Biographical Sketch: Adrian Rice received a B.Sc. with first class honors in mathematics from University College London in 1992 and an M.Sc. in the history and philosophy of science and mathematics from King's College London one year later. In 1997 he was awarded a Ph.D. in the history of mathematics by Middlesex University for a dissertation on Augustus De Morgan and the development of university-level mathematics in nineteenth-century London. He came to America in 1998 to serve as a Visiting Assistant Professor of Mathematics at the University of Virginia, co-editing a book with Karen Hunger Parshall entitled Mathematics Unbound: The Evolution of an International Mathematical Research Community, 1800-1945, which was published by the AMS in 2002. Since 1999, he has been an Assistant Professor of Mathematics at Randolph-Macon College in Ashland, Virginia, where his research focuses on nineteenth- and early twentieth-century British mathematics. He has served as a council member of both the British and Canadian Societies for the History of Mathematics and has recently been appointed book reviews editor of Historia Mathematica. He is currently writing a history of the London Mathematical Society.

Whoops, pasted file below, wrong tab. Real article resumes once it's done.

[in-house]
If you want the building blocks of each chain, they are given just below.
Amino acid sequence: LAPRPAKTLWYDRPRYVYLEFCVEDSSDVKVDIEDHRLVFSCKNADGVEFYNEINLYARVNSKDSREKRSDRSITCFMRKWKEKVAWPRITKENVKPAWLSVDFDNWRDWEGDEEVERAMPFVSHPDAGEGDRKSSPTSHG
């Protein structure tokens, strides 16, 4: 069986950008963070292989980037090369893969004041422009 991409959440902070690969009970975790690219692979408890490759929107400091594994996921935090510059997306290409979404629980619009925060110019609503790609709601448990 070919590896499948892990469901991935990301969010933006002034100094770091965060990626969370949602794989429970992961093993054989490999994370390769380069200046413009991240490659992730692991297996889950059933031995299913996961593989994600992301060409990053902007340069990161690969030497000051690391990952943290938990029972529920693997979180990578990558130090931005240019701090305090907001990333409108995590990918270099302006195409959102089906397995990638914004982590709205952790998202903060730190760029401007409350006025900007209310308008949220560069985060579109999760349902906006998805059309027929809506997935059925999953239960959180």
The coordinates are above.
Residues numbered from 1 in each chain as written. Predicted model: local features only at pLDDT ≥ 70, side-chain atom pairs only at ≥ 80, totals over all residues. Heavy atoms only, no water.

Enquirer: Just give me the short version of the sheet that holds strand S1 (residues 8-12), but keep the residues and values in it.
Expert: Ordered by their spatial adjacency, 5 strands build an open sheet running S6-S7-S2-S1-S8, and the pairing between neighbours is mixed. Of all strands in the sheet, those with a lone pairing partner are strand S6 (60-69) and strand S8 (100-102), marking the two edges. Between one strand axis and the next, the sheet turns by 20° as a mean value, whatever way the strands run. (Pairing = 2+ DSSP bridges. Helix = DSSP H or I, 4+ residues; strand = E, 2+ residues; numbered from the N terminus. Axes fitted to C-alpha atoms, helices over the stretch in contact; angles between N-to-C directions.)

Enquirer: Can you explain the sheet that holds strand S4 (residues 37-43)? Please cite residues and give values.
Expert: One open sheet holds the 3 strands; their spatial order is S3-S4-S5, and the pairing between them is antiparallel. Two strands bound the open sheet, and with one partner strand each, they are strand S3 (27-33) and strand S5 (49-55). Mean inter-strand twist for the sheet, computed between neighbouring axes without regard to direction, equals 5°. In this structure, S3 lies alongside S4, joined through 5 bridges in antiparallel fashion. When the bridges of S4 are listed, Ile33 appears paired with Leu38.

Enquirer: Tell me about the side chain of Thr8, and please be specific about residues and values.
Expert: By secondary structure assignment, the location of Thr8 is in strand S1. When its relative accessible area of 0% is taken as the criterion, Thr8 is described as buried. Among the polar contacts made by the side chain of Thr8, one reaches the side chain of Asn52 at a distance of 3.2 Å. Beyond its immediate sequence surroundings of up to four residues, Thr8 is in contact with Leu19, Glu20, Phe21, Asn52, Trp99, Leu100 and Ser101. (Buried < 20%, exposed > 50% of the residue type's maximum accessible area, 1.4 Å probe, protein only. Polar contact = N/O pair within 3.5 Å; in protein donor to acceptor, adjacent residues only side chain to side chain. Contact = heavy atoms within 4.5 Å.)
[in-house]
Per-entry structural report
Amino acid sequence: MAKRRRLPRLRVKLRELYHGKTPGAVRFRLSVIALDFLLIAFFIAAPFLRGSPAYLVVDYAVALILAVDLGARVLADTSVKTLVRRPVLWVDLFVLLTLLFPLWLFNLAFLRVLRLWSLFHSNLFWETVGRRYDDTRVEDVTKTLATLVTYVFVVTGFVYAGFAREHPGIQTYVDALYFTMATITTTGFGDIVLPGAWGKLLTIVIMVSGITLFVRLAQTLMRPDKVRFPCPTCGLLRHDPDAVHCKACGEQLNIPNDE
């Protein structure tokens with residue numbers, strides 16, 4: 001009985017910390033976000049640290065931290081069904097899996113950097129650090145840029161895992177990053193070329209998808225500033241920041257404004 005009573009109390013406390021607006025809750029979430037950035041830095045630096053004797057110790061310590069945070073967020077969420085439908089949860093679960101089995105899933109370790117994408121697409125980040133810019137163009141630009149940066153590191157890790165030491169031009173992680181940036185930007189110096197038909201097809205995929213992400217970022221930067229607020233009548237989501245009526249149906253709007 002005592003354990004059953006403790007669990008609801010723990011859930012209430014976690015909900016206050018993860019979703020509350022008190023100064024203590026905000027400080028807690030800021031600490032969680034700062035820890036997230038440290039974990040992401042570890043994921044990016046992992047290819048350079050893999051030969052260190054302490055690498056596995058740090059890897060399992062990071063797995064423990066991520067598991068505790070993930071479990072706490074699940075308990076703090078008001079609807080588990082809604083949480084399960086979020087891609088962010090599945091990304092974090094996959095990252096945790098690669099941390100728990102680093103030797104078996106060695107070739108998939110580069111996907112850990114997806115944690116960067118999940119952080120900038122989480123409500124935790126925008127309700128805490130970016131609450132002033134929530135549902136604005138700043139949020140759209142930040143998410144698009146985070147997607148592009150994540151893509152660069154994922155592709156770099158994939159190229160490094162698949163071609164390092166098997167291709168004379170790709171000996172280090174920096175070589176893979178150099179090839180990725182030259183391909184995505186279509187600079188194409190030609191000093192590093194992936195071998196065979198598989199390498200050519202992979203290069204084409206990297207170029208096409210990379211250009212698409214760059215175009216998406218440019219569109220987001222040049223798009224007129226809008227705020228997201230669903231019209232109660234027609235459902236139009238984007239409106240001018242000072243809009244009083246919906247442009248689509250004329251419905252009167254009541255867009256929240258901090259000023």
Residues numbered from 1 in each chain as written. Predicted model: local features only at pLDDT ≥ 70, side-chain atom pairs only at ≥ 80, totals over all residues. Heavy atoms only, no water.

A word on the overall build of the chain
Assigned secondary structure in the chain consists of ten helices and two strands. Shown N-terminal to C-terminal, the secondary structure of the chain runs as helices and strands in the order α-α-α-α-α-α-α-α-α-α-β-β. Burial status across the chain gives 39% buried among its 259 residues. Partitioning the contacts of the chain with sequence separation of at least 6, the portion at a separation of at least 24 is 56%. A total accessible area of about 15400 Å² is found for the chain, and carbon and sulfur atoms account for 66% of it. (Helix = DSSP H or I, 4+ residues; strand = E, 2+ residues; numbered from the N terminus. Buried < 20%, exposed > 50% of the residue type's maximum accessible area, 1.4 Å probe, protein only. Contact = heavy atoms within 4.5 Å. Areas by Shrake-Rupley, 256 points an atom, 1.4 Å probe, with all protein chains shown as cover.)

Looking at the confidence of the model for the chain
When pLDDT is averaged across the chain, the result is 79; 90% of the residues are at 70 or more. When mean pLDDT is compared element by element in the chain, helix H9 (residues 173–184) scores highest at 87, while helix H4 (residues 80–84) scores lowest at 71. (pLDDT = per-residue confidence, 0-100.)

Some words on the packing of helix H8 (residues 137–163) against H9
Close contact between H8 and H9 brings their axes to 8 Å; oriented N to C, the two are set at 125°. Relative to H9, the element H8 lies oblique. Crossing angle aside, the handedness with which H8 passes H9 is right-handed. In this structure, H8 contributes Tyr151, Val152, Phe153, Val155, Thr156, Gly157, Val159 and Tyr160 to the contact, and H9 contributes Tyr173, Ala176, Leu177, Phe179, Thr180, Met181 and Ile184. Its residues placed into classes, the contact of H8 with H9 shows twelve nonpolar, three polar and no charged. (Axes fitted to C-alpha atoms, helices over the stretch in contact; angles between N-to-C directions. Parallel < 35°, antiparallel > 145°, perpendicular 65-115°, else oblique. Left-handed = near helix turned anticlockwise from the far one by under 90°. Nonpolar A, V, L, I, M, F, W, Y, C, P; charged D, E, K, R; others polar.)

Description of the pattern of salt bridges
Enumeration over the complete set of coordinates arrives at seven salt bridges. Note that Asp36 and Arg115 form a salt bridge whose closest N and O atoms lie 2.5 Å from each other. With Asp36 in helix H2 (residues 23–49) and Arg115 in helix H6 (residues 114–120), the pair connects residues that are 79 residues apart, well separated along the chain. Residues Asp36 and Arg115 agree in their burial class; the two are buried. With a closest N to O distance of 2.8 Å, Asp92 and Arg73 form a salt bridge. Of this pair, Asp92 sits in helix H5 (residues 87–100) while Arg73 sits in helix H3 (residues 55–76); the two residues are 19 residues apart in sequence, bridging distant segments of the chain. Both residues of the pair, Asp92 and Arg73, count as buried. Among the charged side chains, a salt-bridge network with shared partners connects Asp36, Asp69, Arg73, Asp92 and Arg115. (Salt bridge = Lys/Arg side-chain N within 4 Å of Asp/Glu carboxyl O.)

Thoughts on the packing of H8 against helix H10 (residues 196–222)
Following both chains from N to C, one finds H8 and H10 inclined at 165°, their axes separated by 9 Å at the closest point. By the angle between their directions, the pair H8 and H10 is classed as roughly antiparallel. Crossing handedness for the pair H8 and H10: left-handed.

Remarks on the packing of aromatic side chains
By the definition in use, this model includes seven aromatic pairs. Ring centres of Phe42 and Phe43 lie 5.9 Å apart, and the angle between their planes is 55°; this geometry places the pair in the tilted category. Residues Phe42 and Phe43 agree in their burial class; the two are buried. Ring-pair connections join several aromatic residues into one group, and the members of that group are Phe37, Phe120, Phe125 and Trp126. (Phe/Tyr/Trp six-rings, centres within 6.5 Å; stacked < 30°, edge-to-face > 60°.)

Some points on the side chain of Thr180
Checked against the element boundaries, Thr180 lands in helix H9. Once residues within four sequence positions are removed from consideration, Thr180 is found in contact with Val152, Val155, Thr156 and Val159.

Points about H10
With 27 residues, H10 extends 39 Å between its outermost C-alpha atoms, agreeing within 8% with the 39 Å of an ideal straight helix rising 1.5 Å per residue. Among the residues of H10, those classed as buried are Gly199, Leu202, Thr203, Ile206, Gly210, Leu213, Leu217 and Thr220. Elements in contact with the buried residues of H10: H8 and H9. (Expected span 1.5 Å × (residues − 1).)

Judith K. TownsendAdvance Mills, Virginia
Theme: Painting at the Intersection of Mysticism and Science